Avoid products with HFCS, honey, fruit juice concentrate, or corn syrup solids among the first 5 ingredients on the food label.Avoid sugar alcohols which include sorbitol, isomalt, lactitol, malitol, mannitol, xylitol, erythritol, and hydrogenated starch hydrosylates. (These are often found in “sugar free” and “no sugar added” gums, candies, ice creams, cookies, cough medicines/drops. Sugar alcohols are not well absorbed and create a laxative effect. Their absorption is not accelerated by consuming with glucose.Check medications for fructose or sorbitol. They are not always listed on the label, so check with the pharmacist or manufacturer. Avoid meat processed with breading from wheat, sweetened sauces, relish, tomato paste, chutney, plum sauce and BBQ sauce.Limit commercial salad dressings low fat dressings made with fructose, fruit juice or HFCS.Avoid Yogurt with added fruit, sweeteners made from fruit juice concentrate or HFCS.Limit beer, fortified wines: sherry, port. Limit all beverages, soft drinks bottled teas and coffees with fructose HFCS, or sorbitol. Limit sports drinks and juices with fructose or HFCS. Limit coconut milk or cream. Limit chicory based coffee substitute beverages. Children’s Hosp. and Clinics of Minnesota10

*Possible gas forming foods may need to be avoided

Fructose Intolerant Recipes: The University of Iowa provides an impressive list of recipes of beverages, meals, appetizers and desserts (!) for the Fructose Intolerant at:

Prognosis: Very good, symptoms may begin to dissipate relatively quickly but can take up to a few weeks, after removal of the offending foods.11

Fructose and Depression: According to the Fructose Intolerance Network, Fructose Intolerance can be responsible for depression on two different levels. Firstly, if the regular symptoms of fructose intolerance persist for quite some time, they can “lead to the deterioration of the psychological and social situation.” In other words, the fructose intolerance symptoms make life difficult and less pleasurable.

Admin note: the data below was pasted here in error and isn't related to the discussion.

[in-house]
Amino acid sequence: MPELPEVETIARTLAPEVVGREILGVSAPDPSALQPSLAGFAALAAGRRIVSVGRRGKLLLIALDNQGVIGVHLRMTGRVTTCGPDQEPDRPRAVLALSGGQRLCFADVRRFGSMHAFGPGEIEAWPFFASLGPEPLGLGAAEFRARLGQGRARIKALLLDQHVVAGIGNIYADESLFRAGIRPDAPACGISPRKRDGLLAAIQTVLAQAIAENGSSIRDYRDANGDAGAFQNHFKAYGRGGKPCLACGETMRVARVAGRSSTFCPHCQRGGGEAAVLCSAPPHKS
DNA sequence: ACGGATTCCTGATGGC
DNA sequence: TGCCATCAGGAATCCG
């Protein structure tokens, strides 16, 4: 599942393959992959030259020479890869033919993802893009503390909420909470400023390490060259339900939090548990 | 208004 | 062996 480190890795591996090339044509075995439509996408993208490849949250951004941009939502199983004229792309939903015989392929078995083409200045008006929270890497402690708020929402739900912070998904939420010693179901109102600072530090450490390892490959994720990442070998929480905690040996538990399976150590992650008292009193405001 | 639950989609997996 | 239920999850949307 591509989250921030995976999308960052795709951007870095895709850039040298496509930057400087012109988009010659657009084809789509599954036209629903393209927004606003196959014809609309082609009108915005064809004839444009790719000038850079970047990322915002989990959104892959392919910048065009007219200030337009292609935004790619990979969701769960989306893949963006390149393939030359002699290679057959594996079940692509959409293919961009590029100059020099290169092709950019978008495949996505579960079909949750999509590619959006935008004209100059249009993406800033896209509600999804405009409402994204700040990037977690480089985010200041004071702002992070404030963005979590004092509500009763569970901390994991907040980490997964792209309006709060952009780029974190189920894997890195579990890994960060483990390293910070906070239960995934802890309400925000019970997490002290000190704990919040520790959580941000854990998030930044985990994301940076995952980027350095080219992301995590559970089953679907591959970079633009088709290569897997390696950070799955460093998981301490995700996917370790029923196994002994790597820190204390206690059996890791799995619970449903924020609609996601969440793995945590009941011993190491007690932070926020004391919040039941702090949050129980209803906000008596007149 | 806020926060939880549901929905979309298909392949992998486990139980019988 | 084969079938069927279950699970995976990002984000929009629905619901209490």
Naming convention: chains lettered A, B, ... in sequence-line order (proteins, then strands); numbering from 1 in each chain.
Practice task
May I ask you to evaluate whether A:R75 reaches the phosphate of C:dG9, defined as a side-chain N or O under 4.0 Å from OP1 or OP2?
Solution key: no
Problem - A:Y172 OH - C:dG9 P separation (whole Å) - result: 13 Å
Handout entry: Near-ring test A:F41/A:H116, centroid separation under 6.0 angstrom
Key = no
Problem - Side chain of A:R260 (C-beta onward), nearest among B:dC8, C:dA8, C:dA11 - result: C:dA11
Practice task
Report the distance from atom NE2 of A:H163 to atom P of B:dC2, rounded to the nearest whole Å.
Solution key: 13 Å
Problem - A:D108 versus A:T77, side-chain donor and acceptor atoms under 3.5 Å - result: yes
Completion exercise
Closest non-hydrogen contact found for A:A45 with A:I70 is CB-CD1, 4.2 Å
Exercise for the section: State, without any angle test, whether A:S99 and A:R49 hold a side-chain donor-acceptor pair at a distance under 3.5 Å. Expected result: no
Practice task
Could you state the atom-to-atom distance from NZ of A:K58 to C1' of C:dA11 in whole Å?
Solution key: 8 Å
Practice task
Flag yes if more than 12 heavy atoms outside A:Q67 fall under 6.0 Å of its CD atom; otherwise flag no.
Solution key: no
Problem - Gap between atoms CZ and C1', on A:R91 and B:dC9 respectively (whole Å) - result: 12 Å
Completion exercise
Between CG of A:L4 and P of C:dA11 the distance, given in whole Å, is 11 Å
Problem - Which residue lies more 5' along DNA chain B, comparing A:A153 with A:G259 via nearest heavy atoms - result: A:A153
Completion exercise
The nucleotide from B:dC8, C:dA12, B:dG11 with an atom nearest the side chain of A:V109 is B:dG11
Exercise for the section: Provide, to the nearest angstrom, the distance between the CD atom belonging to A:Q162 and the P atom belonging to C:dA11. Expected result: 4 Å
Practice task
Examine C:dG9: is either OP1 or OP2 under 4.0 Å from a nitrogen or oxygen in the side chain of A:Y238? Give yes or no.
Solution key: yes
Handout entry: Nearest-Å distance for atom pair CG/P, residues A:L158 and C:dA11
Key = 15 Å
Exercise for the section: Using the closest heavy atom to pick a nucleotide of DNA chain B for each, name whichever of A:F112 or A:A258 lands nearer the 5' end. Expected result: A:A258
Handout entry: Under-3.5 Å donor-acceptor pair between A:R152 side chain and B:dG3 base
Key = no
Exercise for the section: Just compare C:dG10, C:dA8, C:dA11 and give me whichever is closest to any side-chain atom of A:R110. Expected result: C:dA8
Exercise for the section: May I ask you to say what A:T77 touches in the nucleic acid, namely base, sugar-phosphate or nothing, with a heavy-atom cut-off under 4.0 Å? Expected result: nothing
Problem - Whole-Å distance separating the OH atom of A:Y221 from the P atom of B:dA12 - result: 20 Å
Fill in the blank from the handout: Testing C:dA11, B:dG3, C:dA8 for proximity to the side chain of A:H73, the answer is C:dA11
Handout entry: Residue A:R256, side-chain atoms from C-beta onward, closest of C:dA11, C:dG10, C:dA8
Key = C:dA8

Secondly, it is believed that fructose intolerance can upset the balance in the biochemistry of the brain. The neurotransmitter serotonin, which is responsible for making us “feel good,” is produced from Tryptophan, an essential amino acid. The body needs to get tryptophan from ingested food. Tryptophan will form a stable complex (or naturally combine) with the fructose in the gut and thus, in a fructose intolerant person, will not be absorbed when there is too much fructose. Too little tryptophan equals too little serotonin, which results in depression. If the depression is strictly caused by the fructose malabsorption, then the depression should leave if the diet is strictly followed. However, if it does not leave, then the patient should still see a physician for further evaluation of this symptom. 12

2.  Fructosemia, can also be called Hereditary Fructose Intolerance-adolase B-deficiency or Fructose 1, 6 bisphosphate aldolase deficiency.  This is a genetically inherited condition in which the patient lacks the correct enzyme, Adolase B to properly digest fructose.  The symptoms can include:

  • Convulsions
  • Excessive sleepiness
  • Irritability
  • Jaundice
  • Poor feeding as a baby
  • Problems after eating fruits and fructose/sucrose-containing foods
  • Vomiting
  • Hypoglycemia
  • Hemorrhage
  • Enlarged Liver
  • Kidney Failure
  • Dislike for sweets

Children are usually diagnosed at an early age, however, it is possible to go undiagnosed until adulthood.13

Tests that confirm the diagnosis include:

  • Blood clotting tests
  • Blood sugar test
  • Enzyme studies
  • Genetic testing
  • Kidney function tests
  • Liver function tests
  • Liver biopsy
  • Uric acid blood test
  • Urinalysis

Treatment for these patients is complete abstinence from all Fructose.  Prognosis depends upon how early the condition is detected.14

Complications may include:

  • Bleeding
  • Seizures
  • Gout
  • Illness from eating foods containing fructose or sucrose
  • Liver failure
  • Low blood sugar (hypoglycemia)
  • Death

It is essential that you immediately contact your physician if any of these symptoms occur after feeding starts with your infant. According to The University of Iowa Health Care, a clinic that specializes in Fructose Intolerance, it is recommended that the patient see a doctor who specializes in biochemical genetics or metabolism.15